Everybody agrees that democracy is not the ultimate value: if a majority favours killing all Jews it doesn't matter, you still don't do it. But how do you know which things are "just wrong"? You can't vote on it.
An argument against immigration (which I think is pretty good) is that the immigrants could come in and vote for horrible illiberal things, possibly undermining women’s rights, to take an example. So we say, "we have the power and we won't give you any because we worry what you will do with it."
That might sound ok, but the same argument could have been used to deny women the vote. Back in the day, men had all the power and there was a pretty good classical liberal status quo. Women like taxes and lots of other stuff that libertarians regard as rights violations. So men could deny women the right to vote for exactly the same reson as keeping foreigners out.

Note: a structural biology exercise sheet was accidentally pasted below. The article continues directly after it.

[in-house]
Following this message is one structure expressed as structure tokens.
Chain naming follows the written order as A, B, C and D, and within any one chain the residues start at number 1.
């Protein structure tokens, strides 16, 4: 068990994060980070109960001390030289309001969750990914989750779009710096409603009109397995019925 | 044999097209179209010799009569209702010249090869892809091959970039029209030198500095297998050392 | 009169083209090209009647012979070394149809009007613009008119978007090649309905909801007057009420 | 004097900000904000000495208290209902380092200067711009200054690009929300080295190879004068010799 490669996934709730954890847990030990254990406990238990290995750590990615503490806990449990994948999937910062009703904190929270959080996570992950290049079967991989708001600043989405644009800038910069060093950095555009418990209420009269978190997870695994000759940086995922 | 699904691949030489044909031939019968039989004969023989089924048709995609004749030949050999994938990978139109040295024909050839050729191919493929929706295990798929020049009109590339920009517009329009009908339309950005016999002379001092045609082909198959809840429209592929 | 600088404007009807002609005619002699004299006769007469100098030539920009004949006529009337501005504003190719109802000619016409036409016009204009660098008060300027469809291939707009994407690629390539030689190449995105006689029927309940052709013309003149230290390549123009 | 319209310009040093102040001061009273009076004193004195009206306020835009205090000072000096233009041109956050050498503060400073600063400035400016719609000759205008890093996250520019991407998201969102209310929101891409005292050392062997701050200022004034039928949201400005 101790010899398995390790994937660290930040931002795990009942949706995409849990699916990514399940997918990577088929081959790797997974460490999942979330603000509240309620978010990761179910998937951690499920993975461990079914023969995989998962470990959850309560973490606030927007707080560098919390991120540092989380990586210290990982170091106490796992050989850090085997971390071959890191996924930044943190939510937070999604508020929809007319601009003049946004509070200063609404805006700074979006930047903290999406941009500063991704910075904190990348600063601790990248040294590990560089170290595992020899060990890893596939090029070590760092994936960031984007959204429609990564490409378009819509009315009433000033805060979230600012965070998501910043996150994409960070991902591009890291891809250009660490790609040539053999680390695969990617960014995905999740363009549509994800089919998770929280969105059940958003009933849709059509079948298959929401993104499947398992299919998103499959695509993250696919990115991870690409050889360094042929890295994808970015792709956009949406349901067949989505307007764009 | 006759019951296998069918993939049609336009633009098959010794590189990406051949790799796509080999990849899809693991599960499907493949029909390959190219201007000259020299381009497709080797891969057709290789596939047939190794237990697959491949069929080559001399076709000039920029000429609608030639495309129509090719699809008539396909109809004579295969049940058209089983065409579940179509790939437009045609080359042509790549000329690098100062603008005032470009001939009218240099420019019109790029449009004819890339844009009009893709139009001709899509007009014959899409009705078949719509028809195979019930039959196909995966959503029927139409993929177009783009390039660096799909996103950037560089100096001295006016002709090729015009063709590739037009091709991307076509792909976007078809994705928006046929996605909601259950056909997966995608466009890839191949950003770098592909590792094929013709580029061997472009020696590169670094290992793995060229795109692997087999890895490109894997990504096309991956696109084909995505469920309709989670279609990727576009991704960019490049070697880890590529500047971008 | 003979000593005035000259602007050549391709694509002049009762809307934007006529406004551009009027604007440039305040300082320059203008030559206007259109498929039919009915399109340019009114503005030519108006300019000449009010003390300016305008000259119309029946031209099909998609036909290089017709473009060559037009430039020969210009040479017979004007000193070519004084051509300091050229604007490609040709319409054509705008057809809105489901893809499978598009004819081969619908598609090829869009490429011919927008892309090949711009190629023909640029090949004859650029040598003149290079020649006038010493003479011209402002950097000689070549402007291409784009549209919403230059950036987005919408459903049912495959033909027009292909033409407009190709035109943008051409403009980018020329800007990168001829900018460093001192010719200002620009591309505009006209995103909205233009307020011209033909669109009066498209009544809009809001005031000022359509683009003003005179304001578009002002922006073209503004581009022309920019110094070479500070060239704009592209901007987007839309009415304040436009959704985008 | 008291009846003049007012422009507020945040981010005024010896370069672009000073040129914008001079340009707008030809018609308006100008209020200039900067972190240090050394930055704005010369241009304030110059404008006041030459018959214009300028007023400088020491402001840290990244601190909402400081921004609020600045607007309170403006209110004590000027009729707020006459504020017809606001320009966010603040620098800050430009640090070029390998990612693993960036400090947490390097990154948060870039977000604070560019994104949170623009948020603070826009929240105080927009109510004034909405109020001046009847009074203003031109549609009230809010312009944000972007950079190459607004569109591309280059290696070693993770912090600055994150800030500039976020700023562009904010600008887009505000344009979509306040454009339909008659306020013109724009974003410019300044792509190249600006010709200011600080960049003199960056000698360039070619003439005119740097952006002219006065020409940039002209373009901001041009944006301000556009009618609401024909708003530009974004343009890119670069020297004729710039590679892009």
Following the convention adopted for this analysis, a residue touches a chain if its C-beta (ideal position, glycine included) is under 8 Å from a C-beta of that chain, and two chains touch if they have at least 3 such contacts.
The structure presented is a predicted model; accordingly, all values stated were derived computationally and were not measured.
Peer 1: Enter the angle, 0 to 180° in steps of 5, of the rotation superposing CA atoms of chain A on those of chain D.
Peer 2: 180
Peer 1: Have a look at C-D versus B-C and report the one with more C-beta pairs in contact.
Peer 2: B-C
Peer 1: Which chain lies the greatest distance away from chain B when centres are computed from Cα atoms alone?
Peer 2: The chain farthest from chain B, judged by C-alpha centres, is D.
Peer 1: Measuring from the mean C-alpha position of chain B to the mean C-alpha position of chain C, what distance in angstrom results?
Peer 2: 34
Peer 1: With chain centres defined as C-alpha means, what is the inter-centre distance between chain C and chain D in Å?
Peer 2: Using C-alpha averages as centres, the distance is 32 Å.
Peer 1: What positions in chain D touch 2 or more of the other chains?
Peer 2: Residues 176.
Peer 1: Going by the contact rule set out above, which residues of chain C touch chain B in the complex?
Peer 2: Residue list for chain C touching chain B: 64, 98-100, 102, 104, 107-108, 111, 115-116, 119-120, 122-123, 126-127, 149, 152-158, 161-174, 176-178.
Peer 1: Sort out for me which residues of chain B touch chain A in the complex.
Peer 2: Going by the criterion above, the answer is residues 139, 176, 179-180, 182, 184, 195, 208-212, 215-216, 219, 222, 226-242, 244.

How is this argument against immigration different to the argument that women shouldn't vote?
These days it seems self evident that women should vote, but it hasn't always been this way. Opponents of immigration think it's self evident that immigrants have no right to enter. Proponents instinctively feel that people should be able to move around as they like.
How do you decide questions like this?